We do not live in the golden age of Big Ten quarterbacking.
I wrote this up last year and some of my predictions are quite wrong in hindsight, while others were quite wrong right off the bat. We do have diversity here however: there are emerging dual-threat playmakers, steady experienced game managers, a couple gunslingers, some dumpster fires of mystery...We’ve really run the whole gamut here.
Let’s get to it.
1: Trace McSorley, Penn State Nittany Lions
McSorley shouldered a lot of the offensive load last season for the Nittany Lions as The Trebuchet proved to have surprisingly good wheels. Though Joe Moorhead and Saquon Barkley have departed, McSorley has a versatile skill set that should allow him to adapt to any role he is assigned, especially if that role is “siege engine.” No returning quarterback has more experience in big-time high stakes games, and expect big chunks of yardage to be found at the end of his rainbows.
2: Dwayne Haskins, Ohio State Buckeyes
If I’m being perfectly honest, Haskins will probably have a better season than McSorley because of the tremendous amount of talent around him. He showcased great physical skills as a J.T. Barrett stunt double and resembles the prototypical Urban Meyer quarterback. The only knocks on him are that his only playing experience so far has come in garbage time, but he’s the next subject of the question “when will this Ohio State quarterback finally graduate?”
3: Brian Lewerke, Michigan State Spartans
Heading into his junior year, Lewerke has already set several program passing records as the Spartans showed an increase willingness to sling the ball around. The key to his success will be the offensive line’s ability to pass block, as he’s faced a lot of pressure and made numerous mistakes as a result. Still, he’s shown that he can carry the offense. What remains to be seen is how far he can carry the offense if the poor rushing continues.
4: Nathan Stanley, Iowa Hawkeyes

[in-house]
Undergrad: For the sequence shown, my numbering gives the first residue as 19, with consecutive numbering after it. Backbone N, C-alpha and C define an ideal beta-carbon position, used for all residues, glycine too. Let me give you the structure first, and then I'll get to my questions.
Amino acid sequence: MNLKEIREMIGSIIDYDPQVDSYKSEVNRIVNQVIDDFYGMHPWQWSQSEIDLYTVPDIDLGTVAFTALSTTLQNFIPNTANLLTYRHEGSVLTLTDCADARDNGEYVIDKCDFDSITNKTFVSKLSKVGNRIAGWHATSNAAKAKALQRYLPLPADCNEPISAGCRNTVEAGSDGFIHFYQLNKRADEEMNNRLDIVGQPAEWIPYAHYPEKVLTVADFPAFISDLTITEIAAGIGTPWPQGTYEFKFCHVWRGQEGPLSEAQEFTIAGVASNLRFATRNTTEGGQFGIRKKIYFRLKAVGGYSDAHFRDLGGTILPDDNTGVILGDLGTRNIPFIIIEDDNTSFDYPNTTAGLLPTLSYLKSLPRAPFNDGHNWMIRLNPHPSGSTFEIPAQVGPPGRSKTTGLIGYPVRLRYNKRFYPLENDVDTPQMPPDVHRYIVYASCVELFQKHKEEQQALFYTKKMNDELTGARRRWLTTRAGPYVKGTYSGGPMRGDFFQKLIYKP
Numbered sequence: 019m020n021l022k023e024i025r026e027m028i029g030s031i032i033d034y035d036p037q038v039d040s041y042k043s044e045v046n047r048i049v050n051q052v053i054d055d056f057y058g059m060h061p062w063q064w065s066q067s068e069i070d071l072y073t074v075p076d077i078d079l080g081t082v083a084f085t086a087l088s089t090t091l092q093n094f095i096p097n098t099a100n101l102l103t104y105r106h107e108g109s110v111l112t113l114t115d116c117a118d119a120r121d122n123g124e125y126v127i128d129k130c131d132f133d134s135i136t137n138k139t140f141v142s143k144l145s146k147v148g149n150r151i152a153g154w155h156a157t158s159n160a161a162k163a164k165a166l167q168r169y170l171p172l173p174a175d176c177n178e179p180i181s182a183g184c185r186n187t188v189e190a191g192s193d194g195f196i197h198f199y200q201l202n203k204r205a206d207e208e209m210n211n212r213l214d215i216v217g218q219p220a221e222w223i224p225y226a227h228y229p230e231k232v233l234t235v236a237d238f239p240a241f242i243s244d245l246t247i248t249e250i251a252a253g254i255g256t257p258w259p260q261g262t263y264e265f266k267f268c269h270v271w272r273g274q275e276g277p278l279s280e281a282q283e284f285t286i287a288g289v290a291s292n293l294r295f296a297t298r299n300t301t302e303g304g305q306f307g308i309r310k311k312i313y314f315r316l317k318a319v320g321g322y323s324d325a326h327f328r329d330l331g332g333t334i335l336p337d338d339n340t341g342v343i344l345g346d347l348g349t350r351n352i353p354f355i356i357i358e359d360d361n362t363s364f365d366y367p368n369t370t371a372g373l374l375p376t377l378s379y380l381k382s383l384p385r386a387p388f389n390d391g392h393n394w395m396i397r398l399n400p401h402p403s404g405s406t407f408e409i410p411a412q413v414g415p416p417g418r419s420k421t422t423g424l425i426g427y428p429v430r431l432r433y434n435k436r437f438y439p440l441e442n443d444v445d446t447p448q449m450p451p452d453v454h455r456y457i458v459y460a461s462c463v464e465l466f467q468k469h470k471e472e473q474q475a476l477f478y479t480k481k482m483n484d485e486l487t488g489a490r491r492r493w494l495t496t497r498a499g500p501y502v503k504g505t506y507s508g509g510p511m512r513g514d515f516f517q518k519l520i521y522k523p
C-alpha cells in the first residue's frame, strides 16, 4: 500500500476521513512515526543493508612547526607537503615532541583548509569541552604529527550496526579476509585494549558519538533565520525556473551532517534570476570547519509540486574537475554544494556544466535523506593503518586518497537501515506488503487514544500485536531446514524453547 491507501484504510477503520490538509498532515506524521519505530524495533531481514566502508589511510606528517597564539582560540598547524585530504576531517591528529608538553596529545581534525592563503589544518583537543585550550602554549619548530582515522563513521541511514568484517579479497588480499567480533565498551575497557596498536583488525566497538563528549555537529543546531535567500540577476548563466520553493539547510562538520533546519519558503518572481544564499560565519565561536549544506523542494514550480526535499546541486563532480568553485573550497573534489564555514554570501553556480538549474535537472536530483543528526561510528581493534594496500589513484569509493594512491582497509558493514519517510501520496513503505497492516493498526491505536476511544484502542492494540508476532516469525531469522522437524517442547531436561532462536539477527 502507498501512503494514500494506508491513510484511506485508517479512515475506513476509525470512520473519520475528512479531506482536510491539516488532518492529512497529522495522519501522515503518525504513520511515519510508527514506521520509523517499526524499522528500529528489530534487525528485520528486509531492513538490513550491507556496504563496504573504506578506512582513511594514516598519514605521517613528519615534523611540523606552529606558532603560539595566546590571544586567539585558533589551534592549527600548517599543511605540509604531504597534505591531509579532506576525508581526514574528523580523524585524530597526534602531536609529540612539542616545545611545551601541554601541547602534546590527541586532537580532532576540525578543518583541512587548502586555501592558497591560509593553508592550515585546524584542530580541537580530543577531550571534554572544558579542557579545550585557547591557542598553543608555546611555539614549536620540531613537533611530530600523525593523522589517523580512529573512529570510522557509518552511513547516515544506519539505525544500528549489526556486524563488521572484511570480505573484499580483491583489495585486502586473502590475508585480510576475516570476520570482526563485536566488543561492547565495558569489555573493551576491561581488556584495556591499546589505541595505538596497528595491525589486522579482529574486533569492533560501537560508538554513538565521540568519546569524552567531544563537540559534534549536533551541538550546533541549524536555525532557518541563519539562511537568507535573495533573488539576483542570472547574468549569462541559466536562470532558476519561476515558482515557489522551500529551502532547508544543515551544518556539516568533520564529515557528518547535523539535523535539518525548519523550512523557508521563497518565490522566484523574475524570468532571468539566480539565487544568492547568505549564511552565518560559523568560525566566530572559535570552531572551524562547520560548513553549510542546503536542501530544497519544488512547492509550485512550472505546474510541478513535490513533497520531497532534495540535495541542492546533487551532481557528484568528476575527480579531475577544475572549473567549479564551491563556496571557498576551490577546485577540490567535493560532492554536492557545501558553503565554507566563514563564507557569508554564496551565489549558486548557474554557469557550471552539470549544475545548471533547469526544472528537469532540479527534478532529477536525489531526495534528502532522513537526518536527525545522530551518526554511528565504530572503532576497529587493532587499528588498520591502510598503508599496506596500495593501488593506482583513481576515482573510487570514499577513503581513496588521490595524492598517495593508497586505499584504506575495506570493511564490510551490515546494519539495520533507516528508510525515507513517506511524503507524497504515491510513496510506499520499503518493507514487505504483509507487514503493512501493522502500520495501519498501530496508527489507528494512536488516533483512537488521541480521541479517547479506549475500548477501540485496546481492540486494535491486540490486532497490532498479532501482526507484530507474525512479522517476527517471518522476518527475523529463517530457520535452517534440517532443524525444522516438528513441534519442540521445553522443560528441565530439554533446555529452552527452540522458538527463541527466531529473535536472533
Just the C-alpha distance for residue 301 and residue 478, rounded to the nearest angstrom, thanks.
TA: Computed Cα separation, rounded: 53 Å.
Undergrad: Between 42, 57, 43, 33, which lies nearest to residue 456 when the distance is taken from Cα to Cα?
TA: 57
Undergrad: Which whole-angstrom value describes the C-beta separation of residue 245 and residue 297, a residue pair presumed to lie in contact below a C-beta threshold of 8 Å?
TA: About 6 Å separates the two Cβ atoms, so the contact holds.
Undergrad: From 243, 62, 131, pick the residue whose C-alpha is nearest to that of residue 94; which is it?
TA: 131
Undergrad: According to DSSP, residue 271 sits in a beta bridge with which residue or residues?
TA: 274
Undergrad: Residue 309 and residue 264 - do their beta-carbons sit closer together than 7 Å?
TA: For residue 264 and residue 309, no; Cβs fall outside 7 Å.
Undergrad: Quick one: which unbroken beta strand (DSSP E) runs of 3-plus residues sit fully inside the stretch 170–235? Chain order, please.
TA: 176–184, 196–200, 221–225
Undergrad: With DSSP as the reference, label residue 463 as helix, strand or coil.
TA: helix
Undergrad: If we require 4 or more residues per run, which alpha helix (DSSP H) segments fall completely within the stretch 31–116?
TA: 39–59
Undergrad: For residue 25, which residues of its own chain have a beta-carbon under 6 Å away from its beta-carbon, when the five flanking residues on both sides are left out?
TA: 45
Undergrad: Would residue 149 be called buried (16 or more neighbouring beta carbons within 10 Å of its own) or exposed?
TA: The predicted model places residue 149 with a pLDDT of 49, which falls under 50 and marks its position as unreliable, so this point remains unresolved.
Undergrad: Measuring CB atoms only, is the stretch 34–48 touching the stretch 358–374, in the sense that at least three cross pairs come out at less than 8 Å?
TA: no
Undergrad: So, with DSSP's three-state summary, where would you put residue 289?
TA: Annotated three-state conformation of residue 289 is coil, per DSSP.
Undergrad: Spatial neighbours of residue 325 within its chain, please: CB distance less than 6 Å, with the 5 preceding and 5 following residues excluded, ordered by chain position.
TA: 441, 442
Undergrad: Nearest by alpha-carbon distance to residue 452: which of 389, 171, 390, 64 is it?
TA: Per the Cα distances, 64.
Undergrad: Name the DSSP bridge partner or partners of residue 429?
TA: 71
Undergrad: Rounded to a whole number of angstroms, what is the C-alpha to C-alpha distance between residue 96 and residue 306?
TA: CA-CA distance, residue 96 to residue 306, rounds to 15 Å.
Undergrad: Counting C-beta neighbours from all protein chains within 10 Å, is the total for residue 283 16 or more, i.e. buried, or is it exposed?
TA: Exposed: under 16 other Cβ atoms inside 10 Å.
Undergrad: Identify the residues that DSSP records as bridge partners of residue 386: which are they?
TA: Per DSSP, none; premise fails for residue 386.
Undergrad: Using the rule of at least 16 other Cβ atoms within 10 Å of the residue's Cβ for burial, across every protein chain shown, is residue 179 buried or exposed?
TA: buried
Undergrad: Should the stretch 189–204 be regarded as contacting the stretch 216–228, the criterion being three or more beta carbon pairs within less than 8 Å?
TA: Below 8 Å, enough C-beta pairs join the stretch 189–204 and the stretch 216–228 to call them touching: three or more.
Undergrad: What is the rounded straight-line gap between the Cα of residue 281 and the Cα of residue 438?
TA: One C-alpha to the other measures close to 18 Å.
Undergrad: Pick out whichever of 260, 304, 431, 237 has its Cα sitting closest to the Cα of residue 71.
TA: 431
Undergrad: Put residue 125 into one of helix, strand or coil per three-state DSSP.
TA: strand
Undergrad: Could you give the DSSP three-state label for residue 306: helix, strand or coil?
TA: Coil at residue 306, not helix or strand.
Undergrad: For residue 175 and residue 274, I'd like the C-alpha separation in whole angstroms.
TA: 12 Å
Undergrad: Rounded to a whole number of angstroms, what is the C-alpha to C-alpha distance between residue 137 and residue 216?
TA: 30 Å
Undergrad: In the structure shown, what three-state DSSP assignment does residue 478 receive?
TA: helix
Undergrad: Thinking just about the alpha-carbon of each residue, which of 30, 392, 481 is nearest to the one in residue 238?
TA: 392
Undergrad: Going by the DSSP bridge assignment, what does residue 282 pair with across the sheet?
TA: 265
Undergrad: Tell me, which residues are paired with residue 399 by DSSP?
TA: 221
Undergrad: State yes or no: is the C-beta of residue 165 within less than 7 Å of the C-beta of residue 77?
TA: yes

In his first full year as a starter, Stanley showed the ability to throw all over the field, and though he was wildly inaccurate in a couple of bad losses, he was very good at avoiding mistakes. He threw 26 touchdowns to 6 interceptions and never threw more than 1 pick in a game. Stanley has enough deep ball skill to make defenses respect the pass, which is all Iowa ever really needs.
5: Clayton Thorson, Northwestern Wildcats
That Thorson is this high should tell you volumes about the state of quarterbacking in the Big Ten, but such is life. Northwestern likes to plod on offense with a heavy dosage of running the ball and conservative but plentiful passing, so while Thorson’s 450 or so attempts will seem high, it’s a far cry from Brett Basanez chucking 60 a game. Thorson will also be asked to run some extremely inane speed option plays, and if Mick McCall is trying to get one yard on 4th and 2 there’s nobody better. Expect Thorson to average about 5 yards per attempt, take quite a few sacks, throw some interceptions, have a total meltdown early in the season and then make you wonder how he keeps doing just enough for Northwestern to win in November.
6: David Blough / Elijah Sindelar, Purdue Boilermakers
The two-headed monster returns to full health, and while I expect Blough to win the job, Sindelar sure did sling it against Arizona. Both are pro-style quarterbacks but Blough is much more of a running threat. Blough’s been through some tough times and if adversity builds character, Blough has it in spades. They combined to take 33 sacks and they might have to be prepared to take a few more this year.
7: Alex Hornibrook, Wisconsin Badgers
Yes, really. Despite tossing 15 picks, Hornibrook managed 8.31 yards per attempt and proved to be a competent game manager behind a great running game and a good receiving corps. He’s not asked to do a huge amount, but he does what’s needed of him. To call him a game manager implies that no game in which he is involved should become unmanageable, and that was true last year. With Quintez Cephus returning, the receiving corps should enable him to do the same in 2018.